As the keeper of records designed to collect robust information about the state’s elected officials and civil servants, the commission never audits the asset-disclosure forms it collects, the State Integrity Investigation revealed. Enforcement has been so lax that political leaders have been able to fudge on specifics in their disclosure forms or simply fail to provide significant information. The forms aren’t available online so that members of the public can check. And the State Integrity probe discovered that people who examine the forms universally report that the quality of information is substandard.

Holes in public records law

Such issues underscore why Oregon remains one of the worst performing states regarding access to information (an F grade), ranking 34th even in a category where only six states earned a passing grade. The state has no open data laws or independent agency charged with overseeing citizen access to government. Oregon’s Public Records Law is also full of exemptions – at least 480 – and lacks firm deadlines for delivery of public records. The Kitzhaber debacle underscored the consequences when public information doesn’t flow freely or in a timely way; substantive deadlines might have allowed voters a closer look at Kitzhaber’s issues before he was re-elected, only to resign a month after his swearing-in.

Oregon’s lawmakers (D- in legislative accountability), like the ethics commission, operate without legal safeguards against unethical conduct. The state legislature still does not have laws prohibiting nepotism and cronyism in hiring, for example – a situation intended to allow rural legislators to support a family in the state capital of Salem but that leaves the government vulnerable to abuse. And low pay combines with a lack of campaign finance law to eliminate a buffer between Oregon legislators and special interests in the private sector.

As a result, legislators can grow accustomed to practices that cut corners. They may fudge the lines between their part-time legislative duties and their other jobs, angle for work in places where they shouldn’t or find themselves enormously dependent on campaign contributors as state races get more expensive.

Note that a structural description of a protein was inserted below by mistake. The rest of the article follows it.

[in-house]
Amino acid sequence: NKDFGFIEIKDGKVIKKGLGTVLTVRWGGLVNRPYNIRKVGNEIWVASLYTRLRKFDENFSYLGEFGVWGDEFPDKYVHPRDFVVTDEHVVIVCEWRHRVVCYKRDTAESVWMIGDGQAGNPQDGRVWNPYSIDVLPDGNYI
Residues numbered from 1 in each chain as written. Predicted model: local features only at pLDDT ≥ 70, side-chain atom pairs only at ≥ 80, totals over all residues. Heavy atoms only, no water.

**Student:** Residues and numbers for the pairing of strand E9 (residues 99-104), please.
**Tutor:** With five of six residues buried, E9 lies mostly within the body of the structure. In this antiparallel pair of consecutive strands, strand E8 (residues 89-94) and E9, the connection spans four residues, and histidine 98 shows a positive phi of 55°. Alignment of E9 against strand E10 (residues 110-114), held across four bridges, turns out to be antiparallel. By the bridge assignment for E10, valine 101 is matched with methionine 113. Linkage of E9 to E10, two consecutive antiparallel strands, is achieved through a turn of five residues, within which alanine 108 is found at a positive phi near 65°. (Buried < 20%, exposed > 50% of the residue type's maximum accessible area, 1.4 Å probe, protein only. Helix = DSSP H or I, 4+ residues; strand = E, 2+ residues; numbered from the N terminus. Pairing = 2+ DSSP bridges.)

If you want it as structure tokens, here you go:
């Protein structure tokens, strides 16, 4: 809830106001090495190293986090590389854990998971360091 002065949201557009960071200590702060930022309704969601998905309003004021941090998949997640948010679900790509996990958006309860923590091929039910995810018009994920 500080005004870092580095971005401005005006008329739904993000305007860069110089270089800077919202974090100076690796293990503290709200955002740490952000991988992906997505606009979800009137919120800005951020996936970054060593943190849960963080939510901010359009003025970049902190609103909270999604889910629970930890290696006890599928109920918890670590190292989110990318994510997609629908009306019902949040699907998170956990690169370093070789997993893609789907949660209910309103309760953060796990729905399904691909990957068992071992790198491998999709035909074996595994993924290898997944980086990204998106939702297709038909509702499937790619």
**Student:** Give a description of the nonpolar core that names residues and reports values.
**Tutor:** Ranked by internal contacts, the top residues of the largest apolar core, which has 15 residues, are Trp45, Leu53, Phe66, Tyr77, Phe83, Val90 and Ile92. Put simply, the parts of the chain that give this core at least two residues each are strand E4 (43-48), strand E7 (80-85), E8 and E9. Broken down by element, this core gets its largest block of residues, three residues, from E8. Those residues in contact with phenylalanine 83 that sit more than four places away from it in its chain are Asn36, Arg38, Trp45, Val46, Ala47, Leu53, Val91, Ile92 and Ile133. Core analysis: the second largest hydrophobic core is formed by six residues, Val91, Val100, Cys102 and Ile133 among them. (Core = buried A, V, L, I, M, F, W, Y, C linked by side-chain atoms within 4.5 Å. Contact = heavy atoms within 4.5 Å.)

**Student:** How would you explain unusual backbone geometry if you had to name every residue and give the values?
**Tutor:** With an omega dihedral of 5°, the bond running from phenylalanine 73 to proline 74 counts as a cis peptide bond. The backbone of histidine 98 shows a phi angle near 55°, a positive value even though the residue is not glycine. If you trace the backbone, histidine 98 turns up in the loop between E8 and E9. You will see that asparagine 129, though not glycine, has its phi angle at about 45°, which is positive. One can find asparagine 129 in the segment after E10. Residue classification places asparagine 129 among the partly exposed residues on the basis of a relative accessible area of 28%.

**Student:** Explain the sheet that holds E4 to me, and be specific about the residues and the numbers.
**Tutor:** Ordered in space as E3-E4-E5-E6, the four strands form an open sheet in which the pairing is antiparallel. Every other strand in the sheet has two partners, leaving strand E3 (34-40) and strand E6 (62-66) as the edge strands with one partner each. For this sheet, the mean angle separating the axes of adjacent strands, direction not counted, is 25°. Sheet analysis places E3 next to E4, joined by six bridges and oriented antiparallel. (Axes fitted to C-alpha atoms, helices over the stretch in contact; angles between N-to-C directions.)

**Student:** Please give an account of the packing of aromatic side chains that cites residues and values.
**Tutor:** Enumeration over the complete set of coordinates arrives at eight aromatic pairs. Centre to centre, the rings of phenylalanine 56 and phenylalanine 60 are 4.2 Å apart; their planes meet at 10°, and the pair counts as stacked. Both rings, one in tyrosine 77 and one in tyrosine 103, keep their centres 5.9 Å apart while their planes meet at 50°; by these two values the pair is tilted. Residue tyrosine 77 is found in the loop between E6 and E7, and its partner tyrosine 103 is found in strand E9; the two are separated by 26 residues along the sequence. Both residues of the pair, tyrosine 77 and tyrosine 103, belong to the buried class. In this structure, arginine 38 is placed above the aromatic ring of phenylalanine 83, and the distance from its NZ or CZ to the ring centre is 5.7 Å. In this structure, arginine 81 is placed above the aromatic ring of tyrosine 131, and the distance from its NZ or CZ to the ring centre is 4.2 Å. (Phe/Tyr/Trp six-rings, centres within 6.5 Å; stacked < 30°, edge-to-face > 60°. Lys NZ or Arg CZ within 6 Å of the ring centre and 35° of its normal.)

“The problem in our legislature regarding integrity is not about the ethics stuff. Or going to jail. These are intellectual integrity issues…” said Phil Keisling, Director of the Center for Public Service of the Hatfield School of Government at Portland State University.

Few requirements for judges, courts

The judiciary branch is also plagued by potential for conflict and a lack of legal safeguards; the category grade for judicial accountability is F. While, again, Oregon judges don’t seem to have overt corruption issues– judges weren’t sanctioned for bad behavior at any point during the study period – staffing shortages prevented many state-level judges from offering full opinions on their rulings. And Oregon lacks laws to force its judges to explain their decisions to the public. The state also lacks judicial performance evaluations, and is behind other states in making court data publicly available. Unless a complaint is filed, the Oregon Commission on Judicial Fitness lacks the power to investigate problems, and even then, those records are sealed unless they lead to discipline.

There were some bright spots: the state’s budgeting process earned a C and the secretary of state’s audits division a C+. Both were sufficiently staffed, transparent, and had the authority to act with independence, suffering only from the same lack of legal safeguards that brought state scores down overall.

And while Oregon’s civil service system scored only a 66 – a D grade ­– that ranked the state 12th, the highest of all its category rankings. Government workers aren’t always protected from political interference in Oregon, but the civil service system in the Beaver State does seem to be better than most.

2 thoughts on “Oregon: Land of ethics, manners hurt by rare scandal

  1. Hi Cass, the answer is: it depends. You can often get one or two asset disclosure forms via email at no cost, but to examine sets, or a several years’ disclosures made by one filer, there are associated research fees. Stay tuned, we’ll be tackling more on asset disclosure in an upcoming Redacted. http://invw.org/series/redacted/